Even as some neocons are migrating leftward – that is, going back where most of them came from – the anti-Novaks of the liberal-left, notably the editors of Salon.com, are holding up the Neocon Threat as the main reason for getting rid of George W. Bush. While Novak and Pat Buchanan are confidently predicting that the day of the neocons is over, and we are on our way out of Iraq, on the other hand an anonymous "veteran Foreign Service officer currently serving as a State Department official" presents a radically different vision of what a Bush second term would have in store for us.
Colin Powell isn’t sticking around, says Mr. Anonymous Veteran Diplomat, and this means a neocon takeover at Foggy Bottom. Using Condi Rice as a front, the neocons are jockeying to install their own people in key secondary positions, and are poised to take us into Syria, while offing Yasser Arafat and preparing a final assault on Iran. Blaming the unfolding disaster in Iraq on former viceroy Paul Bremer, rather than their own unrealistic policies and failure to prepare for the real problems of the occupation, the neocon cabal within the administration, we are told, is determined to torpedo Bremer’s hopes of succeeding Powell. Since the publication of this article, however, Bremer – after providing Kerry with debating points by admitting that they went into Iraq with too few troops – has apparently fallen on his own sword, and taken himself out of the running.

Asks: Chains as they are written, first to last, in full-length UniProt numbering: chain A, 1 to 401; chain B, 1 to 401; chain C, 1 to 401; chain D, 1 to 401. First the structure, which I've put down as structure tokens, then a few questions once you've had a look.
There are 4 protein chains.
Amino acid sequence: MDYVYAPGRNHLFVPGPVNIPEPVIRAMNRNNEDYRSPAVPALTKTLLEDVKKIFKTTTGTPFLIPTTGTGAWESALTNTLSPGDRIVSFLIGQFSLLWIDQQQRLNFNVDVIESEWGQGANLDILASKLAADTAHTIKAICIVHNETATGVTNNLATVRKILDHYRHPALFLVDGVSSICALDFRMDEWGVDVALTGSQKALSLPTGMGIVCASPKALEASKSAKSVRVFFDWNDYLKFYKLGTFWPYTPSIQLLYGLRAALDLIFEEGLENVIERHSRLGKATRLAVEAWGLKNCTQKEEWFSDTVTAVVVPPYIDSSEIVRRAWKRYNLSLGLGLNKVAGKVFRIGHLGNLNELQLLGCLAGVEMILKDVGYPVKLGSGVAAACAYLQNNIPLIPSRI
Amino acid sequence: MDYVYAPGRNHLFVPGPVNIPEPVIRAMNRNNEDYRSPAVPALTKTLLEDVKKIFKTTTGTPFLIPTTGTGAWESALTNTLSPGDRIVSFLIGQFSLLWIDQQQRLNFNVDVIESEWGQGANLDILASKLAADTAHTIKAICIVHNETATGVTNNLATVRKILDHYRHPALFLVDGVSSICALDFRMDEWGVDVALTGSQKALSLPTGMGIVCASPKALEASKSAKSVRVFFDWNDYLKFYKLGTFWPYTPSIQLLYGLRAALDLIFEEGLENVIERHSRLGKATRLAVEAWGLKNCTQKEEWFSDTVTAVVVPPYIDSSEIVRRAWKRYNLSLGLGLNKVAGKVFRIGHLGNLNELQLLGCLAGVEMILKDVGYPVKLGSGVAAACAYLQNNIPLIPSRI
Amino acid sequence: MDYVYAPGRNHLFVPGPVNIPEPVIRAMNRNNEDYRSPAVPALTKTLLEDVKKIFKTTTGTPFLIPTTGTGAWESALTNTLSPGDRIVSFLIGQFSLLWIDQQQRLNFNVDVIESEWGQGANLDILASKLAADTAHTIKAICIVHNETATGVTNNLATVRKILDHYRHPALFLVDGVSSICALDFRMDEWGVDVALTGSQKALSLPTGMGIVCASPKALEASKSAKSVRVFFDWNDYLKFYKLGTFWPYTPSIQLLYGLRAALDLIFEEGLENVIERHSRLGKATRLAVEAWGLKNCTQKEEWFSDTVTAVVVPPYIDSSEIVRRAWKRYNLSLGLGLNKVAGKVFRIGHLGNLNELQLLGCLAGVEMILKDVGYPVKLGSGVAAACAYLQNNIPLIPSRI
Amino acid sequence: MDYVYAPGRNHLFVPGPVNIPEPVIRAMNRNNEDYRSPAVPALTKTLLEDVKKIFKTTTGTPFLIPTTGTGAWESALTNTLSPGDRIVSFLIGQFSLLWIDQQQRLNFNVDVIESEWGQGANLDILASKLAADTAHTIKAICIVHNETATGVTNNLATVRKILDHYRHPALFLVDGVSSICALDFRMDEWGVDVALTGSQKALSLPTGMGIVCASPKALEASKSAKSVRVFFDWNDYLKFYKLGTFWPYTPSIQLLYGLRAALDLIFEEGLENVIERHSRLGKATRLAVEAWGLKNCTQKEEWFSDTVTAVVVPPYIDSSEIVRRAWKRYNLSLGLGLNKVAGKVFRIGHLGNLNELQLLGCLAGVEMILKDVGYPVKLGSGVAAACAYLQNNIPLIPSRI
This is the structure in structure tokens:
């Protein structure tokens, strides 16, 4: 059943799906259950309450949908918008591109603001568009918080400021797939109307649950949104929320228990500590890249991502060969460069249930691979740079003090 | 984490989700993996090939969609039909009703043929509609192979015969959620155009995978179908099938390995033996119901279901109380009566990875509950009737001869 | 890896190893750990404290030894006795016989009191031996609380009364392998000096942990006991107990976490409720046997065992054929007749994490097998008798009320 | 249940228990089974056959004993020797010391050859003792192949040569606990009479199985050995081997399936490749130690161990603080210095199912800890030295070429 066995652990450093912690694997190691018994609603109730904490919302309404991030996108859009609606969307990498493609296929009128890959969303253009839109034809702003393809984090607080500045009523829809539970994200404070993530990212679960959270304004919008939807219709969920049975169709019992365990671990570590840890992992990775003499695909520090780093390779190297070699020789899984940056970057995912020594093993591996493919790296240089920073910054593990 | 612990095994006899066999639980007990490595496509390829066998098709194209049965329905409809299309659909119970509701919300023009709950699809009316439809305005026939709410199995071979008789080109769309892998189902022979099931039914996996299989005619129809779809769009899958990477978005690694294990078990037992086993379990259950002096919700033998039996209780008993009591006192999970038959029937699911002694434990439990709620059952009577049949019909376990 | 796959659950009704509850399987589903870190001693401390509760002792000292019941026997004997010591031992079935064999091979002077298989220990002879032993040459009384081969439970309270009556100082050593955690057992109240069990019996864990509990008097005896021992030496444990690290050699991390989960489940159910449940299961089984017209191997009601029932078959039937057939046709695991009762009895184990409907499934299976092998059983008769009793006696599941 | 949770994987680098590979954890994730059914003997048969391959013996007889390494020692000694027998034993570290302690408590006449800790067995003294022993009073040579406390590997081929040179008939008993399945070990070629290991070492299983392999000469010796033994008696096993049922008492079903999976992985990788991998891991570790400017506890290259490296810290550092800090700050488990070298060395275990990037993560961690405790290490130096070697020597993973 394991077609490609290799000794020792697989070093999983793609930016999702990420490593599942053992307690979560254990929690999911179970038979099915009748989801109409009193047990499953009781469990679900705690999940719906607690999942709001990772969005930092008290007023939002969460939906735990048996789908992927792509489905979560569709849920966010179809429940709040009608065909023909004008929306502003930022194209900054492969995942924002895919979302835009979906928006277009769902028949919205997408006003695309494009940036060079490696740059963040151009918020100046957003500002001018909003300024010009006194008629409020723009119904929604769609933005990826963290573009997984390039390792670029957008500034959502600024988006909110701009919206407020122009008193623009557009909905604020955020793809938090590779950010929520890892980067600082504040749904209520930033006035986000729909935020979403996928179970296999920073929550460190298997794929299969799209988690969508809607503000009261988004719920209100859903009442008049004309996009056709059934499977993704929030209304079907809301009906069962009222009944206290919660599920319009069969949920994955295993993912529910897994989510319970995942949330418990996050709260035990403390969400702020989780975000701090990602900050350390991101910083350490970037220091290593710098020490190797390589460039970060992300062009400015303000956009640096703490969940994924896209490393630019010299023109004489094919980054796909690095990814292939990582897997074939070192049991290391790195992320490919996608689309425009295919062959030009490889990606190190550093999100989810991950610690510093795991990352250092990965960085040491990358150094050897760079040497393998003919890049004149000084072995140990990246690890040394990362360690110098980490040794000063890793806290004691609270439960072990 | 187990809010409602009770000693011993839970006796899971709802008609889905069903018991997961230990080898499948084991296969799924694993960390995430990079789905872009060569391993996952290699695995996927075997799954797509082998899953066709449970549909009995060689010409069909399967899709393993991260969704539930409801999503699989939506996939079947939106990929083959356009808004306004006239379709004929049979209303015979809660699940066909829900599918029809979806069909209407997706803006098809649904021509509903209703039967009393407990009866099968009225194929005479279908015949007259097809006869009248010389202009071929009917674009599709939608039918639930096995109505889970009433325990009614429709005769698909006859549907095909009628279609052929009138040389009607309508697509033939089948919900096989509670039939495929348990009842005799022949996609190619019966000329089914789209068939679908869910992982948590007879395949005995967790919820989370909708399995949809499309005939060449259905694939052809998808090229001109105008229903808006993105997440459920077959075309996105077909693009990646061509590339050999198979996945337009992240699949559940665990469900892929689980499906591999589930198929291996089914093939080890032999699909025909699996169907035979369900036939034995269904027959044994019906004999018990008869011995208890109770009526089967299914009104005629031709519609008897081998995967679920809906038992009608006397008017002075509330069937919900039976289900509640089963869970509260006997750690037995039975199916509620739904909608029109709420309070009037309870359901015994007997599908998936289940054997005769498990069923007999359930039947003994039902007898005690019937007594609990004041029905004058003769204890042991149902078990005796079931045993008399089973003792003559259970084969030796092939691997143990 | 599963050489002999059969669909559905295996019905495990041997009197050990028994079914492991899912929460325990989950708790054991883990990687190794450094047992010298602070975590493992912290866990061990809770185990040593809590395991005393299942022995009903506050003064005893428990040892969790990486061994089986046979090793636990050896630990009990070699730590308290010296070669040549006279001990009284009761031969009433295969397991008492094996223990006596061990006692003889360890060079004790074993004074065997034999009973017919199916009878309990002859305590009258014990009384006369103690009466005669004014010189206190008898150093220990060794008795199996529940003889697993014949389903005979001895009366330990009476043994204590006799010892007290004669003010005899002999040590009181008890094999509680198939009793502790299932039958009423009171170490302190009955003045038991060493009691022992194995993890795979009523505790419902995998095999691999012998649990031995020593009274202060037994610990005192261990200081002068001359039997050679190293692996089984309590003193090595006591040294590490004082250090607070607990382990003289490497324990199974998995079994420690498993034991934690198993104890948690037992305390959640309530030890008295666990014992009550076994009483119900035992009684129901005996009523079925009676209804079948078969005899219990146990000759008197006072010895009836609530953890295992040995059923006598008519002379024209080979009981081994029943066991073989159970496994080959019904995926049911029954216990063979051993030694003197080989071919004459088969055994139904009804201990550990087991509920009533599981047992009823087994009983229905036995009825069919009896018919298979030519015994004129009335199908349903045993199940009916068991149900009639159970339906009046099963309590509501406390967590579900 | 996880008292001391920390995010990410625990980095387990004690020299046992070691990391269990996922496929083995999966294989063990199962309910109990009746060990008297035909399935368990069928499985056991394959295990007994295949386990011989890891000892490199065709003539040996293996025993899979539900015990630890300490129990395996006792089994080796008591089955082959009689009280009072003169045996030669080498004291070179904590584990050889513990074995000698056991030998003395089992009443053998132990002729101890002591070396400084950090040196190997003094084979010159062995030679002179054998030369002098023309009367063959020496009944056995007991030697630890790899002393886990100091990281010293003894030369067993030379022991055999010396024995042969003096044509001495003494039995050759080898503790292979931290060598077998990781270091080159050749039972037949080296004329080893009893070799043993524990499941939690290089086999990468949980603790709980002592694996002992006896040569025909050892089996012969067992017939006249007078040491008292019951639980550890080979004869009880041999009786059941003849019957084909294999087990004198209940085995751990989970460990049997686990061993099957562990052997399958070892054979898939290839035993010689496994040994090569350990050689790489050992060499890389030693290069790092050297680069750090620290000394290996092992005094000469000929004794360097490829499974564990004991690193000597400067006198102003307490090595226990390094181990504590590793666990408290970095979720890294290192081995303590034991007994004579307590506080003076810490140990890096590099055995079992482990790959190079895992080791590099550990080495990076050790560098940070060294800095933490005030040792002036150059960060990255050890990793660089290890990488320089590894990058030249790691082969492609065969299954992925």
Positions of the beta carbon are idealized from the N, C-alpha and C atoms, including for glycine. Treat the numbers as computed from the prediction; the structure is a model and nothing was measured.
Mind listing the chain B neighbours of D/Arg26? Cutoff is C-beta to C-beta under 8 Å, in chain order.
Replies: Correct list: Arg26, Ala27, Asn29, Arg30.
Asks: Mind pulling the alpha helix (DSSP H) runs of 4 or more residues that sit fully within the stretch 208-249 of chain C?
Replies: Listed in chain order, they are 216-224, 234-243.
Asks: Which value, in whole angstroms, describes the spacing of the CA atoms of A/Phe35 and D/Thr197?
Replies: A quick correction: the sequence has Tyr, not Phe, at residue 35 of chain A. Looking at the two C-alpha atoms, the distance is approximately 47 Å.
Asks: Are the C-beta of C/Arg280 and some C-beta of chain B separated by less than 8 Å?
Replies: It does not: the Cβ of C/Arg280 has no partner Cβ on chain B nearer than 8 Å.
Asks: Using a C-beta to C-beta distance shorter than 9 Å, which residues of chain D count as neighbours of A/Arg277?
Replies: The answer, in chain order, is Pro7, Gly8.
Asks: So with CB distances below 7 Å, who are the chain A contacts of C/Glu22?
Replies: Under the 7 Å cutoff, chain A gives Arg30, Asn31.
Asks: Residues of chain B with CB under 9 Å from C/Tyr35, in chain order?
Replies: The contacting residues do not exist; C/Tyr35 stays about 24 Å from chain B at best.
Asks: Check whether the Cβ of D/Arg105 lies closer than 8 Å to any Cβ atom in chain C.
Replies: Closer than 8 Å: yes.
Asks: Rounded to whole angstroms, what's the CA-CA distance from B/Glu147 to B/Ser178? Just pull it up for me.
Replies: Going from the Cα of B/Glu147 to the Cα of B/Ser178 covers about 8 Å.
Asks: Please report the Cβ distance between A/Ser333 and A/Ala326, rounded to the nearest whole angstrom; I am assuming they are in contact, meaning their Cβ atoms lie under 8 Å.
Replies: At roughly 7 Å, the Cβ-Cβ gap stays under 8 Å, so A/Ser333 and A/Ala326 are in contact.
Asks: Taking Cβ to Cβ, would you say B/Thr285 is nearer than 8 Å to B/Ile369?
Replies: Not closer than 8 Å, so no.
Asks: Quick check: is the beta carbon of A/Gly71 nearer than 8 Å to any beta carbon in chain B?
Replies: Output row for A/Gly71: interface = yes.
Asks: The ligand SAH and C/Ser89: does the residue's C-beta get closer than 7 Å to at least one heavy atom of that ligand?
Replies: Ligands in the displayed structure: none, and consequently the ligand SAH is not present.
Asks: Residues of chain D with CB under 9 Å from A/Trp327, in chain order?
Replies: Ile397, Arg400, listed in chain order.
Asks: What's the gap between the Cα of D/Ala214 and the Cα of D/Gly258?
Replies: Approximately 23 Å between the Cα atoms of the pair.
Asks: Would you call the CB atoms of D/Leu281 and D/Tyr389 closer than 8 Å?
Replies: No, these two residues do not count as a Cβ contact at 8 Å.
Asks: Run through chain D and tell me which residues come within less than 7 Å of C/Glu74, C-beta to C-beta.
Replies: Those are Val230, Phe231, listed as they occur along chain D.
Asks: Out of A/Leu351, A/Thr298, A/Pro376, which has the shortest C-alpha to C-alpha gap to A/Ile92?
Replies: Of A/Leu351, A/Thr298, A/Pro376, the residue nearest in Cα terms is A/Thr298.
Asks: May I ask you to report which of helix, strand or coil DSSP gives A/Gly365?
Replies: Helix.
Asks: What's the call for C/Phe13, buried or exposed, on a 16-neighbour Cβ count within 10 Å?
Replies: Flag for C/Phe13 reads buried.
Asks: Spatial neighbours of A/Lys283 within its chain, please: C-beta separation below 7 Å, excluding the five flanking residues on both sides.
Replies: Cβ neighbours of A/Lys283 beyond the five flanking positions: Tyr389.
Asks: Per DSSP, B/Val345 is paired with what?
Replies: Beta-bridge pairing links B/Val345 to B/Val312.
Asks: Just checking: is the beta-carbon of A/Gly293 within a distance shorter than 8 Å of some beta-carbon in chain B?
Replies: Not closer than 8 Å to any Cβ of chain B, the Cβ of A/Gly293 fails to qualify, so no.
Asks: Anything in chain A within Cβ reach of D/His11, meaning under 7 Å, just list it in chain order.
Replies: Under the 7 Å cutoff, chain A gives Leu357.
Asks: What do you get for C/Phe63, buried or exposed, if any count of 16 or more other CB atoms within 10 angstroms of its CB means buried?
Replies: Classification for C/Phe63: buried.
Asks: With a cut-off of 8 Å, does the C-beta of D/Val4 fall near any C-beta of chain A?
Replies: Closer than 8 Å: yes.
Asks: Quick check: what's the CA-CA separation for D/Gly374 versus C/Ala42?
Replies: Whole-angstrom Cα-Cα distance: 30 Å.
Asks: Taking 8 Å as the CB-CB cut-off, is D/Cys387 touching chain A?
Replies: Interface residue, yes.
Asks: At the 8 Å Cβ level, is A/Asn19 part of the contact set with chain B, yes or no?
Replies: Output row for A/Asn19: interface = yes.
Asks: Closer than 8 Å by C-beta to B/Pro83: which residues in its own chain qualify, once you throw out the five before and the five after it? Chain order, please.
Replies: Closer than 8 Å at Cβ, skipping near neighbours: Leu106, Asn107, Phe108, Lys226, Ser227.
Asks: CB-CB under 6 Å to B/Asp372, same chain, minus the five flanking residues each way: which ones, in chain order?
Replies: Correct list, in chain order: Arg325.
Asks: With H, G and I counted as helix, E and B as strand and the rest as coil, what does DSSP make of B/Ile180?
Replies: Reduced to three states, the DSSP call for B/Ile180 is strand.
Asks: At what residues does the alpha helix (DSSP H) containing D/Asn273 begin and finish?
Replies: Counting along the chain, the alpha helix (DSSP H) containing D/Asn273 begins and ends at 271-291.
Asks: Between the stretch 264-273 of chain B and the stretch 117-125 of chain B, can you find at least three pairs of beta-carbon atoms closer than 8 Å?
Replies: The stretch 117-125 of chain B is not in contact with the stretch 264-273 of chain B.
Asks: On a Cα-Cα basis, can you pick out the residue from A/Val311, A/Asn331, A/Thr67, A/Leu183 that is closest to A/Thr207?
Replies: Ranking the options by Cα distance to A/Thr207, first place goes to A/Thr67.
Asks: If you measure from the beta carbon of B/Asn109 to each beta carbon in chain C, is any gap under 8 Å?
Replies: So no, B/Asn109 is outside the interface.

This article appears to have prefigured Bremer’s exit stage left, and is, in another sense, an immensely valuable piece that shows how the neocons penetrated the inner sanctum of America’s foreign policy councils, and effectively staged a coup d’etat. According to the author, a core group consisting of Paul Wolfowitz, Douglas Feith, David Wurmser and Vice President Cheney’s national security advisor, I. Lewis “Scooter” Libby, manipulated Ms. Rice into acceding to the appointment of Elliott Abrams as special assistant to the president and senior director for the Middle East at the National Security Council. "This appointment," says our veteran diplomat, "gave the neocons everything they wanted – the NSC, Executive Office of the President, Office of the Vice President, the Pentagon, a cornered director in George Tenet at CIA, and Wurmser at State." In short, the neocons had a lock on the policymaking apparatus of this administration, especially as it pertains to the Middle East.
The apparent cohesion of the Wolfowitz-Perle-Feith-Wurmser faction, the coordinated activities of the various sub rosa intelligence operations set up by them, such as the Office of Special Plans and the Counter Terrorism Evaluation Group, all bespeak a central purpose, which our veteran diplomat does more than strongly imply:
"The whole time Wurmser was at State, career professionals around him saw someone acting more like an agent of influence than as a subordinate of the secretary of state. He was in constant contact with his Pentagon intelligence cell. Questions were asked – but never answered – as to how Wurmser got a full security clearance when he never registered under the Foreign Agents Registration Act for his 1996 policy work for Israel’s incoming Prime Minister Benjamin Netanyahu (including advice on how to lobby the U.S. Congress) and as someone who was married to an Israeli citizen with close ties to Israel’s Likud Party – in theory, a party to U.S.-brokered Middle East peace negotiations.